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Hyde Park, Eastgate, Fairfield,
Covington:
+1-513-723-1600
Portsmouth:
+1-740-300-2022
Call For A No-Pressure, Free Consultation

Full Service Bankruptcy
And Debt-Relief Lawyers

What’s a “healthy” amount of business debt?

| Jun 10, 2020 | Foreclosure

Most business owners anticipate costs upfront. Between loans, investments and property development, most entrepreneurs have to put in a lot of cash before they can see any profits in the future. But what’s a reasonable amount for business-related debt?

The answer is it depends. Most business debts rely on multiple factors like the industry you are entering into, your specific business structure and how you want your business to grow down the line.

The right perspective

If you want to know what’s a reasonable amount of debt, you ask about what expenses are crucial for your company’s success. According to Harj Taggar, co-founder and CEO of Triplebyte, thinking about how you spend your money may determine if it’s a reasonable expense for your company.

“Good debt is tied to something solid with a clear plan for why it’s helpful,” Tagger said to Business.com. “Bad debt is money you spend without understanding how it impacts your business.”

When you have clear intentions of how you want to spend your capital, you need to also look into different types of funding to cover those initial loans and costs. You can even raise financing through:

  • friends and family
  • personal savings
  • angel investors
  • state/federal grants
  • other creditors

If you can gather other investors or partners, you may want to work with a business partner or a  financial advisor to determine how to use your funds effectively. What is the best loan to reduce or should you reinvest money back into inventory? It’s great to ask other business-savvy minds about these questions to get more feedback.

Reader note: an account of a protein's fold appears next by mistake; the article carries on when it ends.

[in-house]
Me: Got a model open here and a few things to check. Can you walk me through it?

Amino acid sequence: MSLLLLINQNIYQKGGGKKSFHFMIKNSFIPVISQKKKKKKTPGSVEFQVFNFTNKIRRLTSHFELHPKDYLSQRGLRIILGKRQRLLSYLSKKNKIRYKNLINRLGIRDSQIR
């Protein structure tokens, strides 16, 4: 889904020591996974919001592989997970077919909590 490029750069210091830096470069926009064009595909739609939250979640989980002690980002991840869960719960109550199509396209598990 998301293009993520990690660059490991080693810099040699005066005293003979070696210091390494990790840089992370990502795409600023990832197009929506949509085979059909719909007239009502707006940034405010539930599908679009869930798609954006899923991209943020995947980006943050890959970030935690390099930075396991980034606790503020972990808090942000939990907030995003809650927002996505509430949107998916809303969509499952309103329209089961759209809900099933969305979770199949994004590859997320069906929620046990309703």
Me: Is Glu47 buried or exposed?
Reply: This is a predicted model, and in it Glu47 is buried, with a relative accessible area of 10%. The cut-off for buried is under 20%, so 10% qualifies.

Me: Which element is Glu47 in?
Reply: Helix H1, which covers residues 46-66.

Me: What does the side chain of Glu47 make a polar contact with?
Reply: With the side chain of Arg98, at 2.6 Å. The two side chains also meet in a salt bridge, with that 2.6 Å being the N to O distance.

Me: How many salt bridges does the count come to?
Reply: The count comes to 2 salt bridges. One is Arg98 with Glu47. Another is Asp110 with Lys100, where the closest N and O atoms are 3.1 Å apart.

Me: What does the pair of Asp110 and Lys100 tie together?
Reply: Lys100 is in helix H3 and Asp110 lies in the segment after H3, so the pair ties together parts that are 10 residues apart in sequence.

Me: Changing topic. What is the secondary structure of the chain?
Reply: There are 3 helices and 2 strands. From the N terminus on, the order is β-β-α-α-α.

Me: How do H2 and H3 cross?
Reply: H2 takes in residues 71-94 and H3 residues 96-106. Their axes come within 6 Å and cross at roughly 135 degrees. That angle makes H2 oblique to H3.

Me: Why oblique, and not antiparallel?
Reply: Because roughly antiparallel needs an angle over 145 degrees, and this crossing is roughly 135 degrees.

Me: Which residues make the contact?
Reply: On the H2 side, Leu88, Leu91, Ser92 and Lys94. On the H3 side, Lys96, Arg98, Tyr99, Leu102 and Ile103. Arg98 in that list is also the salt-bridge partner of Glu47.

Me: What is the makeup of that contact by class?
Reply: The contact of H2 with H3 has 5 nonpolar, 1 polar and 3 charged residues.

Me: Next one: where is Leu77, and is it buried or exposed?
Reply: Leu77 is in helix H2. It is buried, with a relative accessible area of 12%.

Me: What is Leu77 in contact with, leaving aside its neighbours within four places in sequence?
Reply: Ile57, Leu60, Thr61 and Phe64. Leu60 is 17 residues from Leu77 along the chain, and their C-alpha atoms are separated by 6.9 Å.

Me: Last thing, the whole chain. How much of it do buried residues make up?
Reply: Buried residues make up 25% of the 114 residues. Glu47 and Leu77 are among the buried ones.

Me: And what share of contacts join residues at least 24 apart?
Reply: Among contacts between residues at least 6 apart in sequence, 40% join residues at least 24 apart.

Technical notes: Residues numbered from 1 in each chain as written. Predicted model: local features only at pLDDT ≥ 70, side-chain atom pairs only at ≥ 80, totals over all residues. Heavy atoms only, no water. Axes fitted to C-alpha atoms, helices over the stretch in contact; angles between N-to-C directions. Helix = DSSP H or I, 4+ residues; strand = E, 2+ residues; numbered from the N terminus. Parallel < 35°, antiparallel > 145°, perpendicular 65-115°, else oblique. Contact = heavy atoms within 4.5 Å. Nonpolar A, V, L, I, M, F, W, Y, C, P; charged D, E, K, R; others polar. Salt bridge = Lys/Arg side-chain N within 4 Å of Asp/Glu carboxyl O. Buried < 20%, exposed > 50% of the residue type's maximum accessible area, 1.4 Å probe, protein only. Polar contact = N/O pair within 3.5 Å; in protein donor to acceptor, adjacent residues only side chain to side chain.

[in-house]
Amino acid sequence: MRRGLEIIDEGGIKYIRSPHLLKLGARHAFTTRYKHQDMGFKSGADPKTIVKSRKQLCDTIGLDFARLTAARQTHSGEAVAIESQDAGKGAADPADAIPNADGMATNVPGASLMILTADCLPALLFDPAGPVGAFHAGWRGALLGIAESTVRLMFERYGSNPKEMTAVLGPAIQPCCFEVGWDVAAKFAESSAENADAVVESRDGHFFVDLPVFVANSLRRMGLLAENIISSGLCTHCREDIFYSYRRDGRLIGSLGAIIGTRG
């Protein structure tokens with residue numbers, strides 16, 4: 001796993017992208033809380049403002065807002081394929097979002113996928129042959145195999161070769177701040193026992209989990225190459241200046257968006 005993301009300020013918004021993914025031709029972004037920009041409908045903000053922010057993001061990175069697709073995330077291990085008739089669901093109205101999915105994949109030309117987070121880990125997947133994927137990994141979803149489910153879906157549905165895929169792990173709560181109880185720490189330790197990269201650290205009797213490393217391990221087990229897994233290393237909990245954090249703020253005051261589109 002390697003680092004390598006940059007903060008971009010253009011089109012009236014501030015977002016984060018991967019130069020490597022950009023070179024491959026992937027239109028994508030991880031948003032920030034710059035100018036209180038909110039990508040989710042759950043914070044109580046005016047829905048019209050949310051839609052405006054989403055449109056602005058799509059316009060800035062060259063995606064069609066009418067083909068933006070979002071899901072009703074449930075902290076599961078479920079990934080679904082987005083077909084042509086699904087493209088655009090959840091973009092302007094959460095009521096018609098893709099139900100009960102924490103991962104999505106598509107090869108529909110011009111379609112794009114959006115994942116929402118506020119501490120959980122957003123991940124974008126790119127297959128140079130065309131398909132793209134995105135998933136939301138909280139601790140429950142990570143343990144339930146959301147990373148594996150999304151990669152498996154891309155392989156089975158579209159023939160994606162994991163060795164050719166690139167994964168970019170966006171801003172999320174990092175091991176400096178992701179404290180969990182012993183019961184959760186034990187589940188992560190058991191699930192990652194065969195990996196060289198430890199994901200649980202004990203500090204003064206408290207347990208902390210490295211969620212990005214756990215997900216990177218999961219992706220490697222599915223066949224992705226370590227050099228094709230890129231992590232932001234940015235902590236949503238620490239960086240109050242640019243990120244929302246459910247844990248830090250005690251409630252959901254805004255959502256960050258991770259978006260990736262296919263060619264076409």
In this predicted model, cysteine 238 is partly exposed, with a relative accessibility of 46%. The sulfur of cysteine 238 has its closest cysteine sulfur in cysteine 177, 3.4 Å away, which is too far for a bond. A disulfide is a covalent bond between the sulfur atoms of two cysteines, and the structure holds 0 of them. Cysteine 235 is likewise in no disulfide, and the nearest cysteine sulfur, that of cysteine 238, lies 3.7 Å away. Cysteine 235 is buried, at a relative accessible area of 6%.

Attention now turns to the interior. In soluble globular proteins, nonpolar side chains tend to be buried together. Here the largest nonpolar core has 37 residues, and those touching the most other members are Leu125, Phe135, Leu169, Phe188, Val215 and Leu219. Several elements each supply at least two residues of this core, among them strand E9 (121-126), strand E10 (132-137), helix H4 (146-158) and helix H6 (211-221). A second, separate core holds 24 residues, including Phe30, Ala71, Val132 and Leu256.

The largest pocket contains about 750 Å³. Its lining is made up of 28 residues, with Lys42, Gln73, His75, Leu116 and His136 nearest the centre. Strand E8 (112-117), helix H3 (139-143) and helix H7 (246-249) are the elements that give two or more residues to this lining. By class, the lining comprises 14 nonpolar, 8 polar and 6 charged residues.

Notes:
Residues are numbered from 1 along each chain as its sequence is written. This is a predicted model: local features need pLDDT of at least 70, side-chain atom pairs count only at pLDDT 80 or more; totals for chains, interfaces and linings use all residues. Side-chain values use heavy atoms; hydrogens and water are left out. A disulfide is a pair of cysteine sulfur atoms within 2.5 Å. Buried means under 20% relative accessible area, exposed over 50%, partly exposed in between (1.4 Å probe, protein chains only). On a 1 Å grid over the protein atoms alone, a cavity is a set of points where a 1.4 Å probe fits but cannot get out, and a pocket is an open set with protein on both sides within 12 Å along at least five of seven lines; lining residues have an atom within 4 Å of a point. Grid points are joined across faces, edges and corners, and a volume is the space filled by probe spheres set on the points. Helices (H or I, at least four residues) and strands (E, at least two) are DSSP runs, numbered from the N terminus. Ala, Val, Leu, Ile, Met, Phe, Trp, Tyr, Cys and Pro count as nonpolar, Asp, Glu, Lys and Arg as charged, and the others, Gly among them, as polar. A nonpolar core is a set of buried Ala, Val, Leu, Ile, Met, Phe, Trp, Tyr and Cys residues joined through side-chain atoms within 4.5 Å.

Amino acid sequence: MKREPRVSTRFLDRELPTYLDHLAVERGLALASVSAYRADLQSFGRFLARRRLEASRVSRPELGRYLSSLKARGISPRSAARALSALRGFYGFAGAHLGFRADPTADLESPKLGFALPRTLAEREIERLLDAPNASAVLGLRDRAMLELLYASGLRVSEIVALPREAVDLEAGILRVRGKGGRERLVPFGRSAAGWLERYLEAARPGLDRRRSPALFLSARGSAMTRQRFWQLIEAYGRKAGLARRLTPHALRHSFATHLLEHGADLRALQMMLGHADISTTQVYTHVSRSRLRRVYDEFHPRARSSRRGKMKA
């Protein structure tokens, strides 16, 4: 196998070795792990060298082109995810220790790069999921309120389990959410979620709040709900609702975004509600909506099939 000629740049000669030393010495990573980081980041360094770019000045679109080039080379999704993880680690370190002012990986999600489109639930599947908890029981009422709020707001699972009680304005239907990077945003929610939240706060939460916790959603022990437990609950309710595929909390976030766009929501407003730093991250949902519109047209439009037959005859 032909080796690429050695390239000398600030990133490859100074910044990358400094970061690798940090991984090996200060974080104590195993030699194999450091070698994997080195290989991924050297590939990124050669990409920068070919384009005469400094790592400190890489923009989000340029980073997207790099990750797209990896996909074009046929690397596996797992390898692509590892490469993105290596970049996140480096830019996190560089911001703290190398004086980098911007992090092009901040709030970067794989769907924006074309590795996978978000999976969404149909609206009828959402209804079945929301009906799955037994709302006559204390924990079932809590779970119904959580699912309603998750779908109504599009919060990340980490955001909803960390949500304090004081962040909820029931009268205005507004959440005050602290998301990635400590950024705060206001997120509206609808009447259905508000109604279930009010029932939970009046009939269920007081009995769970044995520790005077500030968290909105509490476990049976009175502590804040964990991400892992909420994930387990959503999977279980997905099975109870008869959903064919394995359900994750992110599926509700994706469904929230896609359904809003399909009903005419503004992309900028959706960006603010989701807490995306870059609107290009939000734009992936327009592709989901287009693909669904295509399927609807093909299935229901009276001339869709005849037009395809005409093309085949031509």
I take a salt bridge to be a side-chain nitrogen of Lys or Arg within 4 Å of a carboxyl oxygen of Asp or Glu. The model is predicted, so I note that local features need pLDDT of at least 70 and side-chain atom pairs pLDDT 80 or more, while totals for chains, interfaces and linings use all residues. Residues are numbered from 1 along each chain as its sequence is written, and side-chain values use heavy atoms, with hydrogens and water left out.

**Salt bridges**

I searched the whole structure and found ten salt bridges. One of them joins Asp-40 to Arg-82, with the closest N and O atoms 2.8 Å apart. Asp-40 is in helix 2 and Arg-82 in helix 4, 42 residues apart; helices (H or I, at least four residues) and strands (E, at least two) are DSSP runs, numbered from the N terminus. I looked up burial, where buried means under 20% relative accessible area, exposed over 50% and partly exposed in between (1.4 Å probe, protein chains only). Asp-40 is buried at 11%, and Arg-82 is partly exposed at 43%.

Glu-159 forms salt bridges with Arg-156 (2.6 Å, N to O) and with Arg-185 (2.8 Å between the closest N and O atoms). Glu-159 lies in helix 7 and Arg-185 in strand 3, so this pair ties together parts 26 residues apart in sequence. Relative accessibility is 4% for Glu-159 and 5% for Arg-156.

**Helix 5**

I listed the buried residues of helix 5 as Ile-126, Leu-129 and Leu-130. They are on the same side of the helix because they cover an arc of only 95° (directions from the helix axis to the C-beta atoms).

The wrong move

There are cases where an owner takes every right step, but one wrong move leads them into more debt. You don’t want to depend on loans for daily operations or employees’ salaries. If you need more funds for those types of needs, you may want to consider a more drastic option, like bankruptcy.

Bankruptcy is a scary word to most small business owners, but it’s an incredibly helpful resource to businesses that want to stay open but lack the funds. If you aren’t sure, you can work with an account or advisor to determine all your options before you make a final decision.

Just remember that not all debt is bad! You need some debt to get a business off the ground, but do not rely on debt to keep your business afloat.

Related Posts: Navigating business bankruptcy in economical turmoilSmall business debt and the rise of online shoppingSeeking relief from the hardships of small business debtKnowing the options when dealing with business debt

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